Tuesday, January 22, 2008


Echo & Narcissus had communication issuesThe ability to listen to each other is the most important social and intellectual ability we can have, but it isn't always easy. Every time we truly listen to someone, or read carefully what another person has written, we risk having something of our own worldview challenged or permanently altered.

This is why we can't afford to do it all the time; anyone who listened to or read every word of advertising they were exposed to on a daily basis would have time and energy for little else. Much of everyday social interaction requires the endurance of banality, where one must smile and nod from time to time and think over one's plans for a new type of spacecraft as your friend laments her decision to date yet another Pisces.

Meanwhile, we lack role-models. For example, to watch our MPs debate - the people whose considered decisions effect all our lives - is rather like listening to a sober version of Just a Minute; they are often less interested in the substance of what their colleague is saying than whether or not they are going to slip up. Of course, there are many occasions in politics where some detail of a word or phrase is pivotal, but when did you ever see footage of the House of Commons when someone said, "Actually, I see what you mean now." or even "That is a valid point, however..."?

Trouble is that it feels good. Sara wrote an excellent post about this just the other day. Pedantry can be fun, tripping people up and laughing at their foolish ideas. However, I think pedantry should almost always be about laughter and we should only laugh at those who we can't afford to listen to; people with inpenetrable prejudice and hatred. We need to give a little more leeway to those who claim to have similar objectives to our own (peace, tolerance, democracy, a nice family Christmas without any major rows, etc..).

It is very important to recognised shared objectives. We struggle to do this, even within the closest relationships; neither lover wishes to argue, both wish they could be friends again and yet they treat one another like enemies. In other areas of discourse we can get massively distracted by something which seems like a fundamental difference but which makes no odds to the subject at hand. Almost religious conflict involves this error; we all want to live in peace, but how can I trust someone who doesn't worship the Holy Hamster of Birkenhead?*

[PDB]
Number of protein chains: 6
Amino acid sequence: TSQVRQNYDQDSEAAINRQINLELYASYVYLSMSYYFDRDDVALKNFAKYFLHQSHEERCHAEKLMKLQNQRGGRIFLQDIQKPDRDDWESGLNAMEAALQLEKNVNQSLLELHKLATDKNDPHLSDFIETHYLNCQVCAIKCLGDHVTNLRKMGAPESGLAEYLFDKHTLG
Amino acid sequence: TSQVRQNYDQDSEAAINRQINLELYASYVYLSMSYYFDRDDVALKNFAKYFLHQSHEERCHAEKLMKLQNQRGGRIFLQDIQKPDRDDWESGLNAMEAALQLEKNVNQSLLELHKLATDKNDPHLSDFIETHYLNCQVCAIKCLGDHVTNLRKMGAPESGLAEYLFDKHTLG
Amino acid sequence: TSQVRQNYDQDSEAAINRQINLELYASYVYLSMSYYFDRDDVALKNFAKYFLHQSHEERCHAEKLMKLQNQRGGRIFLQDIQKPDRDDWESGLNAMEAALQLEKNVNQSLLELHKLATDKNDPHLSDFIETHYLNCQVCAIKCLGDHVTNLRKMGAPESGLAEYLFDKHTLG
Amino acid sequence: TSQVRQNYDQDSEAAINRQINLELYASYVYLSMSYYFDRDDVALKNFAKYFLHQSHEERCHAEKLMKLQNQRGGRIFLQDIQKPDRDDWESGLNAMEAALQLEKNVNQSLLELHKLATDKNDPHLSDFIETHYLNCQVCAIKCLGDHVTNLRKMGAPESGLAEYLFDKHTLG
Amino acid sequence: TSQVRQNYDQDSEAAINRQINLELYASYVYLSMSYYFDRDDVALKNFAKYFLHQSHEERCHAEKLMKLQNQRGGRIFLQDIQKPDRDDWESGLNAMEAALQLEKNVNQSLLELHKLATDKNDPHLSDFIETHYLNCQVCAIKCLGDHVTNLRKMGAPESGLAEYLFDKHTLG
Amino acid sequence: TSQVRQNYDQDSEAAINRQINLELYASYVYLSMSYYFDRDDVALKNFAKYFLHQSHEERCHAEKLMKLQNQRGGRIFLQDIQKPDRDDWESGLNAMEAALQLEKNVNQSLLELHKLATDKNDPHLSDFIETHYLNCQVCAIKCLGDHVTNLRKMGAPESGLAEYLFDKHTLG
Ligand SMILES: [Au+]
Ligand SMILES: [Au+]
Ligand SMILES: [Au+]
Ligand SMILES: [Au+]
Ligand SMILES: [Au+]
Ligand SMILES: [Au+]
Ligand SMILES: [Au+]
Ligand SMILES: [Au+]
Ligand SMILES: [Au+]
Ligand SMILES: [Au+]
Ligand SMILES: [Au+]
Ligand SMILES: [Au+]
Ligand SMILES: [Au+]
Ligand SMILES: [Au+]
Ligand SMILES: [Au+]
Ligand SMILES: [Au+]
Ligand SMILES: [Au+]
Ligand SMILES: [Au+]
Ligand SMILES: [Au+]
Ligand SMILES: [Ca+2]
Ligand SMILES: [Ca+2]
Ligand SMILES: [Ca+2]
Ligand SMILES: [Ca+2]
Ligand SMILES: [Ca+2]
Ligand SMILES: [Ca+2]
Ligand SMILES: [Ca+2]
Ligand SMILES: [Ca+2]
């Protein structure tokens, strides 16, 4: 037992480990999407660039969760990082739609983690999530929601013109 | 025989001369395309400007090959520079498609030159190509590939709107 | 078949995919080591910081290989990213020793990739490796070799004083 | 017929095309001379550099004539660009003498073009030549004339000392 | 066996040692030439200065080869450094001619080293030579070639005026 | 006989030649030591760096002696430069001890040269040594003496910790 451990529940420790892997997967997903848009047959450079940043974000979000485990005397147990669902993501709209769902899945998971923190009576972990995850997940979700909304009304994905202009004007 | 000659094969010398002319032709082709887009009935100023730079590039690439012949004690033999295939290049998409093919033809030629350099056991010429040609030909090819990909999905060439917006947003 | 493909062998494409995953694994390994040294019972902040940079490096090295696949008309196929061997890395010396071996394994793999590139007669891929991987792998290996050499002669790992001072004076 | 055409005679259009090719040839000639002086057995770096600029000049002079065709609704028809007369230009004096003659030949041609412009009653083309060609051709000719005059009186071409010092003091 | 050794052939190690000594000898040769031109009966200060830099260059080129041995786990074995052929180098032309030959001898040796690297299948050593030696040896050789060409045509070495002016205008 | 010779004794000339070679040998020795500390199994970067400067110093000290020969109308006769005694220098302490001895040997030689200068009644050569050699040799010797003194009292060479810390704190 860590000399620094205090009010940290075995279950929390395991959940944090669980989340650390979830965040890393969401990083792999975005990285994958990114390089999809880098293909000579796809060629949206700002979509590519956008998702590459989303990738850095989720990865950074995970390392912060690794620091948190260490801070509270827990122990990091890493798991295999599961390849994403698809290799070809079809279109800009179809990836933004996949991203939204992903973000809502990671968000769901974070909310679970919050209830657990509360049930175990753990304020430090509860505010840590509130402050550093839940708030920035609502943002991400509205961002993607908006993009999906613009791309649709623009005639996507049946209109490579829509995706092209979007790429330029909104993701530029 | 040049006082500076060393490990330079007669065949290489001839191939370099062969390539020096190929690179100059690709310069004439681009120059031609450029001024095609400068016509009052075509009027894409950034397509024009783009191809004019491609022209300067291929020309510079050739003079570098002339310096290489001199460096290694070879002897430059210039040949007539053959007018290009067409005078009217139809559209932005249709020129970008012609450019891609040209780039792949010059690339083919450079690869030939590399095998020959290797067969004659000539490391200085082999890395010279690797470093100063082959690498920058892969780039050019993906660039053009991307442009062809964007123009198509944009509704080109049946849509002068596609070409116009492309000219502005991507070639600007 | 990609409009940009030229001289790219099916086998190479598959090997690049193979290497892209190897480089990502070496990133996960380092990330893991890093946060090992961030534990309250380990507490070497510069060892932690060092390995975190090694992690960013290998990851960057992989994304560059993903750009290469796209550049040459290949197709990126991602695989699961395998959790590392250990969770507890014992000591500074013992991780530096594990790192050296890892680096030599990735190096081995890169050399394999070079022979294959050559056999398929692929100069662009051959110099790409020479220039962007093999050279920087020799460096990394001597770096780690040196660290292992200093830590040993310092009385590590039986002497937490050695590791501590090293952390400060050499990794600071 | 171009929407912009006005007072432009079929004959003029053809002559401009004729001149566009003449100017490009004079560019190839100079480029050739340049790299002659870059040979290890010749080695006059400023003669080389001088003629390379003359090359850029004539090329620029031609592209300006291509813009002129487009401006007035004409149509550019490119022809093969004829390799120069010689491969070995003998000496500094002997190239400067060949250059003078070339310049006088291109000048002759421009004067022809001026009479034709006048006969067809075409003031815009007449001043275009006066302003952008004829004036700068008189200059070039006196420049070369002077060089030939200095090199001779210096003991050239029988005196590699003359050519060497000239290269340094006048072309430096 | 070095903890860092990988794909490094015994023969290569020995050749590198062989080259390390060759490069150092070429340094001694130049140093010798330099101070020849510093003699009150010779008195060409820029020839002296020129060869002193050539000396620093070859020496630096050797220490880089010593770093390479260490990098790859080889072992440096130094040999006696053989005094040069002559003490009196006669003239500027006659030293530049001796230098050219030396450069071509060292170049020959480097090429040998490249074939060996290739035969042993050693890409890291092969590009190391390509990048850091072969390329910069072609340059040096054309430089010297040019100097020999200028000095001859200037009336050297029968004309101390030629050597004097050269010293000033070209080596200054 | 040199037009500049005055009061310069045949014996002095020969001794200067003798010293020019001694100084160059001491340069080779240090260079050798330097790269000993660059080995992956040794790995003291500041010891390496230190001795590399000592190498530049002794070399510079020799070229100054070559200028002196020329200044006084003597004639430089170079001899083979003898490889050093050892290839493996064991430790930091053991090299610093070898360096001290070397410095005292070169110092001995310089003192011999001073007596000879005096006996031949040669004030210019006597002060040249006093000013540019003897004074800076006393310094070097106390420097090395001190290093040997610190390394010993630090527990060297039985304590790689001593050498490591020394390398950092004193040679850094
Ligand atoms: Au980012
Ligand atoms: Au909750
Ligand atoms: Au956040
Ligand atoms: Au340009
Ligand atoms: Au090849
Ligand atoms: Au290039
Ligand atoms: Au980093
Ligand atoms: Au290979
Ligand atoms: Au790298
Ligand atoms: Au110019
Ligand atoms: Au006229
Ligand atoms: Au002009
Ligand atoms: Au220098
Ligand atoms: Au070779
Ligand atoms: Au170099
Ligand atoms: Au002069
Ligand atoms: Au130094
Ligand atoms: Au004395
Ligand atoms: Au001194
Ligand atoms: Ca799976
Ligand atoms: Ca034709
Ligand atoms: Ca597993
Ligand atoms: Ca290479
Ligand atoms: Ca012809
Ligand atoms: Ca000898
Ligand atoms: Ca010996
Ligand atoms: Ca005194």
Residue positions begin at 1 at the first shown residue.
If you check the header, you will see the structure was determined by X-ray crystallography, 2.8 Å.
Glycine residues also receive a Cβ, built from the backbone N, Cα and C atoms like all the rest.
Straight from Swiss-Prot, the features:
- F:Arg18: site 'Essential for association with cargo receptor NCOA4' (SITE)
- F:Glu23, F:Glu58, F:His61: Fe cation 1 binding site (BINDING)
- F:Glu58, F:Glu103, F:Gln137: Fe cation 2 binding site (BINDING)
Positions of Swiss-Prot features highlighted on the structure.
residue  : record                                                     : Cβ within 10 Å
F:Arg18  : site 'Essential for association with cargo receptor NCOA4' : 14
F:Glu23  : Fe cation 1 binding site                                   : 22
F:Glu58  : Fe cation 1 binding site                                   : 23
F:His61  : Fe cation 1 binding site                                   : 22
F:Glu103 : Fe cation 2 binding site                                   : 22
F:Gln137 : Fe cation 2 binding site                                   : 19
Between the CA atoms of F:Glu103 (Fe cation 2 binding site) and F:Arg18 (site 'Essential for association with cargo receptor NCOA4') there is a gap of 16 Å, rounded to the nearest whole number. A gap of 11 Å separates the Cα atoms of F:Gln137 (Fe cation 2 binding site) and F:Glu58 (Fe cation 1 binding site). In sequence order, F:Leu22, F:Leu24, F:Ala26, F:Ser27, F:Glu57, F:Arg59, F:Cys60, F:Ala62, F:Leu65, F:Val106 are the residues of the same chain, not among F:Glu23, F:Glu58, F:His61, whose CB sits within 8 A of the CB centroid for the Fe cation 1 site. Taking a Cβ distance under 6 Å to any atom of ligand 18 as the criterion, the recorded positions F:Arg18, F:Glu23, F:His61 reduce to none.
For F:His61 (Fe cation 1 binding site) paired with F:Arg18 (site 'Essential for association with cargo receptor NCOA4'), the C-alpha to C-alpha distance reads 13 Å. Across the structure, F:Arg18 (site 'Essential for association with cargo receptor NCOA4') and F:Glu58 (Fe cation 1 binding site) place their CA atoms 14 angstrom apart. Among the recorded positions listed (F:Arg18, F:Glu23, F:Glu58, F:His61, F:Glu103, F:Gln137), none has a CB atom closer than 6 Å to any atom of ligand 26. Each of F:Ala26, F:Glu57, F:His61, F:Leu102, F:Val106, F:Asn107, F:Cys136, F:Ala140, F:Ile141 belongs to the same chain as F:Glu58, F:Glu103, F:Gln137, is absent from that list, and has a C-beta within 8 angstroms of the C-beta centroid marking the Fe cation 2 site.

The Golden Rule of listening is to always assume that the speaker is as intelligent, sensible and sincere as you are and to expect at least something of what they are saying to be true. If you assume that everything a person says is bullshit, that they are bound to be stupid or unreasonable, then there's no point talking to them at all. However, if you take this approach to all those who disagree with you, you'll never learn anything and you're certainly not going to resolve any conflict.

People are never simply wrong; only ideas and arguments can be wrong, usually because of mistakes which we are all capable of making. It is impossible to correct someone when you don't really know where they're going wrong; it's no good repeatedly contradicting them in the hope that they'll figure it out themselves in the meantime. By the same score, if you don't understand another person's mistake, you can't rule out the possibility that you have made the mistake.

But this is also very difficult. Too often, we are tempted to behave as if we are right on principle; I am right because I am an expert, because I am more experienced, because I am a good person, because I am a good parent/ Christian/ feminist etc., so if you disagree, you must be wrong. I'm sure we all do it to some extent, forgetting that the other person has just as much reason to think the same about their own supremacy.

One must learn to force the mind ajar every once in a while if one is to develop in any way whatsoever.

I am using the language of spoken communication here, but of course I really mean pay close attention to what another person is communicating by whatever means; "listen" is easier to type.

* As far as I know, nobody currently worships the Holy Hamster of Birkenhead (praise be to the hamster), but if they did, they would undoubtedly advocate Treat others as you would wish to be treated just the same as everyone else in the world.


Jess said...

I'm awfully glad you wrote this. It's one of those things that needs saying which no one ever says. Were I still teaching that
rhetorical composition course, I'd hand it around my class. And, my cynical side tells me, no doubt then have to spend the next hour and a half trying to convince the lot of them that the idea of listening, and considering at length others' ideas, is not a load of politically-correct hooey. That kind of knee-jerk reaction to the concept always seemed to be the most difficult to overcome with my students. One individual actually told me, once, that the art of rhetorical debate died with the ancient Greeks, and that there wasn't any point in it for Us Modern Types. That's a worrying sentiment.

The Goldfish said...

Thanks Jess,

It is amazing, isn't it? I mean, did all arguments get won in ancient Greece?

Anonymous said...

A lovely post. Listening is so hard to do with each other on the Internet, reduced to the lone sense of sight, so you'd think we'd all take more time, be more patient, suspend judgement as a matter of course, but it's like we do the opposite-and are quicker to devalue the other, since it's just words on a screen. And it is, in fact words on a screen. I find communicating this way takes a constant re-orientation, and reminder of the real live person on the other side. And that it's real, sometimes even more real than the meat world.